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151 Prevalence of Coronary Artery Disease and Major Adverse Cardiovascular Events in Patients with A Zero Calcium Score: A Prospective Cardiac CT Study
  1. Nikil K Rajani1,
  2. Francis R Joshi1,
  3. Judith Babar2,
  4. Anu Balan2,
  5. Deepa Gopalan2,
  6. James HF Rudd1
  1. 1University of Cambridge
  2. 2Cambridge University Hospitals

Abstract

Introduction Cardiac computed tomography (CT), consisting of coronary artery calcium (CAC) scoring and CT angiography (CTa), is recommended by NICE for the exclusion of coronary artery disease (CAD) in intermediate-risk symptomatic patients. Coronary calcification is pathognomonic of underlying CAD, but a zero CAC score cannot exclude CAD with certainty due to non-calcified coronary plaques. We evaluated the prevalence of CAD and the rate of major adverse cardiac events (MACE) in patients with a zero CAC score in comparison to patients with a non-zero CAC score.

Methods From November 2009 to April 2013, 458 patients with chest pain underwent CT to exclude CAD. All subjects had CAC scoring. The majority of studies included contrast-enhanced, 128-slice, dual-source CTa. Scans were dual-reported by a cardiac radiologist and a cardiologist. MACE and all-cause mortality were determined through searches of regional databases.

Results 458 symptomatic patients underwent CAC scoring. 247 patients (53.9%) had a CAC score of zero and 211 (46.1%) had non-zero CAC score, with a median score of 74 (interquartile range [IQR]: 13–223). Patients with a zero CAC score were younger (52 vs. 62 years, p < 0.0001) and more likely to be female (59.9 vs. 39.8%, p < 0.0001), but less likely to be hypertensive (26.3% vs. 44.1%, p < 0.0001), diabetic (6.9 vs. 14.7%, p = 0.0065), or have a smoking history (29.6 vs. 40.8%, p = 0.0121). Current smoking status and obesity did not differ between groups. There was a trend towards a family history being more common in those with zero CAC scores (37.2 vs. 29.9%, p = 0.09). 424 studies (92.6%) included CTa. Table 1 illustrates the breakdown of CTa findings according to CAC score.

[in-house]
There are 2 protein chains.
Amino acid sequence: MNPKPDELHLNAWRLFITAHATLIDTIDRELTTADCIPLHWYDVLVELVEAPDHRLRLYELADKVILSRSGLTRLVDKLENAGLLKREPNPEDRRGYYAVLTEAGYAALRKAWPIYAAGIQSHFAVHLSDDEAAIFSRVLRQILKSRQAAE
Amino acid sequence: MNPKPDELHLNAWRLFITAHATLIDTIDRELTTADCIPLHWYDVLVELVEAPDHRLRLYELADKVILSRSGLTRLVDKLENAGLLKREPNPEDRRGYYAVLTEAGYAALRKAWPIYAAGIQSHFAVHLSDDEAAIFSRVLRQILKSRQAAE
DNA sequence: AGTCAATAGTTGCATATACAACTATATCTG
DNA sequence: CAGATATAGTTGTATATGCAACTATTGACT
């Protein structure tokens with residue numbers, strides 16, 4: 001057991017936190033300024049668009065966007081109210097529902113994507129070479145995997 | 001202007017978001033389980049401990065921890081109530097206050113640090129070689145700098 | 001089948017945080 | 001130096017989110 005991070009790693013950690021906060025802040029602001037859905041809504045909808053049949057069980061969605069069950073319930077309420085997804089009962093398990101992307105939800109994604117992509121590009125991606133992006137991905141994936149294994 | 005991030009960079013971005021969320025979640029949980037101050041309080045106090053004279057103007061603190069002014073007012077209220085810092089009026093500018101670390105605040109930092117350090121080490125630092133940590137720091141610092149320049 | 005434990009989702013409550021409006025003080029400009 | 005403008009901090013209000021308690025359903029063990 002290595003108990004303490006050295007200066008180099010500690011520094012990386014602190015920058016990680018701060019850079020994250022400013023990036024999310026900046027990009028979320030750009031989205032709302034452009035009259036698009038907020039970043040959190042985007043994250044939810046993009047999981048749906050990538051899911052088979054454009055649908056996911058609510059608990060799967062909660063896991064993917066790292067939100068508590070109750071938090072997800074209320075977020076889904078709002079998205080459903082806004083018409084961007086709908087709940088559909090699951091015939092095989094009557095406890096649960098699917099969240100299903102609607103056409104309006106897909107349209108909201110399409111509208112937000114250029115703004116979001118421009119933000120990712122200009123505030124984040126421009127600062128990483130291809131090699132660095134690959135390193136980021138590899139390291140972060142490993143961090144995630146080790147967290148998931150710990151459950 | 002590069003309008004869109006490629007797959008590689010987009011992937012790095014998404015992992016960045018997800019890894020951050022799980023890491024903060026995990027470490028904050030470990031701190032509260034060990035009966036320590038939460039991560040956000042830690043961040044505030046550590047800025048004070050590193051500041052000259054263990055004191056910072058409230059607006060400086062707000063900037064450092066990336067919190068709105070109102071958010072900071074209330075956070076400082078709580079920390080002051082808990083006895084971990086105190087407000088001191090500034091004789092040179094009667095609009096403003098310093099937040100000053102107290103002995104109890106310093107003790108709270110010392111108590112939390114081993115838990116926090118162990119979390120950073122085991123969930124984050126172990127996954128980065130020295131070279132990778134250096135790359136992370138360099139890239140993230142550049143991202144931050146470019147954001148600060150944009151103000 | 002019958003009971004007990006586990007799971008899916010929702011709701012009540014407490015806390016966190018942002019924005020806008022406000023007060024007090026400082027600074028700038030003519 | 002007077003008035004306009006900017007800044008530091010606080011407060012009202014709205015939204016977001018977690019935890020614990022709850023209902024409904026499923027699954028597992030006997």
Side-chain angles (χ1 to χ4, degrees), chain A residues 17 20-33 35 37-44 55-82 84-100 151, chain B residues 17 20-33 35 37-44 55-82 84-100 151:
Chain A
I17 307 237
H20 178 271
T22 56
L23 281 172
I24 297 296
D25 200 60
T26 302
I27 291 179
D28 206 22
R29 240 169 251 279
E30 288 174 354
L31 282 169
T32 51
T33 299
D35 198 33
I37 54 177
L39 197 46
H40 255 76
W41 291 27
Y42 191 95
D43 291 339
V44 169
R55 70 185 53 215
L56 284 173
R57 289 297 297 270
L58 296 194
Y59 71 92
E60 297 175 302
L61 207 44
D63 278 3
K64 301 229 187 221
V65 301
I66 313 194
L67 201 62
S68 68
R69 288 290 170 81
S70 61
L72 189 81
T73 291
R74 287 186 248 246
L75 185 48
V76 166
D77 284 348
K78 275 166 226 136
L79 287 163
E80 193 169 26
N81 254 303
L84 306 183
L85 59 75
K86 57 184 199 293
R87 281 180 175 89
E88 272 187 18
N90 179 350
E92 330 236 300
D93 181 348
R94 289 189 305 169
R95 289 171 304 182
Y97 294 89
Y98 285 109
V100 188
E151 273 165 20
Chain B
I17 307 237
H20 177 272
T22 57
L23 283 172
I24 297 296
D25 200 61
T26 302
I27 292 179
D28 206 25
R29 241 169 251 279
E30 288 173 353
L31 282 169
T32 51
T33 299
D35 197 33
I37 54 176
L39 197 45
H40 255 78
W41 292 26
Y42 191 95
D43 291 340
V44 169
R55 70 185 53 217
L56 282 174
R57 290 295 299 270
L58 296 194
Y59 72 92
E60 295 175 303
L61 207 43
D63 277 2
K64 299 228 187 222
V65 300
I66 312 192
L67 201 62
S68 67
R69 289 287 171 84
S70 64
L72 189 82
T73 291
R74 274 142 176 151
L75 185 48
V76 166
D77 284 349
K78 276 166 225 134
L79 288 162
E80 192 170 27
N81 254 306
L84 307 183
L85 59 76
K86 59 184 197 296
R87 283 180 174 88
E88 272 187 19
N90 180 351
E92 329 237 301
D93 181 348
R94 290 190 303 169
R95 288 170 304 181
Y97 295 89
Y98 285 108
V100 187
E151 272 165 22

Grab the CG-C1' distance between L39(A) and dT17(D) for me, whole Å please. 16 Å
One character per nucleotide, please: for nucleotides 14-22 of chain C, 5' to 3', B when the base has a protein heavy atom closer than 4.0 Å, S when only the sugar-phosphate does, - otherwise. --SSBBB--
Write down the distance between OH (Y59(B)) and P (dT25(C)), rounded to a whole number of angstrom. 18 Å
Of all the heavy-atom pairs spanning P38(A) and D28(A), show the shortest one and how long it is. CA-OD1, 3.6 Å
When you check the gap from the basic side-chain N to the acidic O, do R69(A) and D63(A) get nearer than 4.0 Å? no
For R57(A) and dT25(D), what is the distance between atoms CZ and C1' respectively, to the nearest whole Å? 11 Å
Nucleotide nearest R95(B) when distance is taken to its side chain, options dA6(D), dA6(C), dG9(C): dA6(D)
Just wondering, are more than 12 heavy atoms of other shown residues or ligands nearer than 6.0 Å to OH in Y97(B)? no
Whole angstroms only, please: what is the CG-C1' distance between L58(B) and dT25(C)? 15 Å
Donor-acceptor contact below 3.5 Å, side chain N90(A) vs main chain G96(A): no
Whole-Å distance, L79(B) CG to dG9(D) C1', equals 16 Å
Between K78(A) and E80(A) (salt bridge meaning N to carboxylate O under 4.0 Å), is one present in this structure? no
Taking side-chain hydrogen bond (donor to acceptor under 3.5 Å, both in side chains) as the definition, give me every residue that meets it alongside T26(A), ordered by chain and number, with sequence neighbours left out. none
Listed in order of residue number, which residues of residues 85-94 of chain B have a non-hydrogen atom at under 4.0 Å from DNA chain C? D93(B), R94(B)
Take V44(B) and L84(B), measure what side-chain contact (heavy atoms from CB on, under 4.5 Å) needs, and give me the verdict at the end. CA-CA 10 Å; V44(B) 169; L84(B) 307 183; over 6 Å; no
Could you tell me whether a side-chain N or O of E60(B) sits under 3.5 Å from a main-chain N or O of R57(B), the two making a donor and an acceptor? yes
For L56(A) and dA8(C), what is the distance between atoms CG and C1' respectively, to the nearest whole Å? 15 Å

Abstract 151 Table 1

CTa findings divided according to calcium score; obstructive CAD implies stenosis >50%

Over a median follow-up of 536 days (IQR: 316–925), 2 MACE events (0.8%) were recorded in the cohort with zero CAC (n = 247), compared to a MACE rate of 1.9% (4 events) in those with non-zero CAC scores (n = 211). Both MACE events in the zero CAC group (1 acute MI and 1 emergent revascularisation) occurred in patients with CTa results suggesting normal coronaries.A CAC of zero was associated with a 99.2% negative predictive value for MACE over the course of follow-up. When MACE and all-cause mortality were combined, a CAC score of zero was associated with significant protective effect (Hazard Ratio 0.24, 95% CI: 0.07–0.86, p = 0.028, Figure 1).

Abstract 151 Figure 1

Event free survival stratified by CAC (MACE and all-cause mortality combined)

Conclusion Cardiac CT is an increasingly important tool for risk stratification. Reassuringly, a zero CAC score is associated with low rates of both obstructive CAD and MACE, emphasising its utility as a means to rule out CAD. Despite the presence of non-calcified CAD in some patients with a CAC of zero, these patients had a good prognosis.

  • Calcium Scoring
  • Cardiac CT
  • Coronary artery disease

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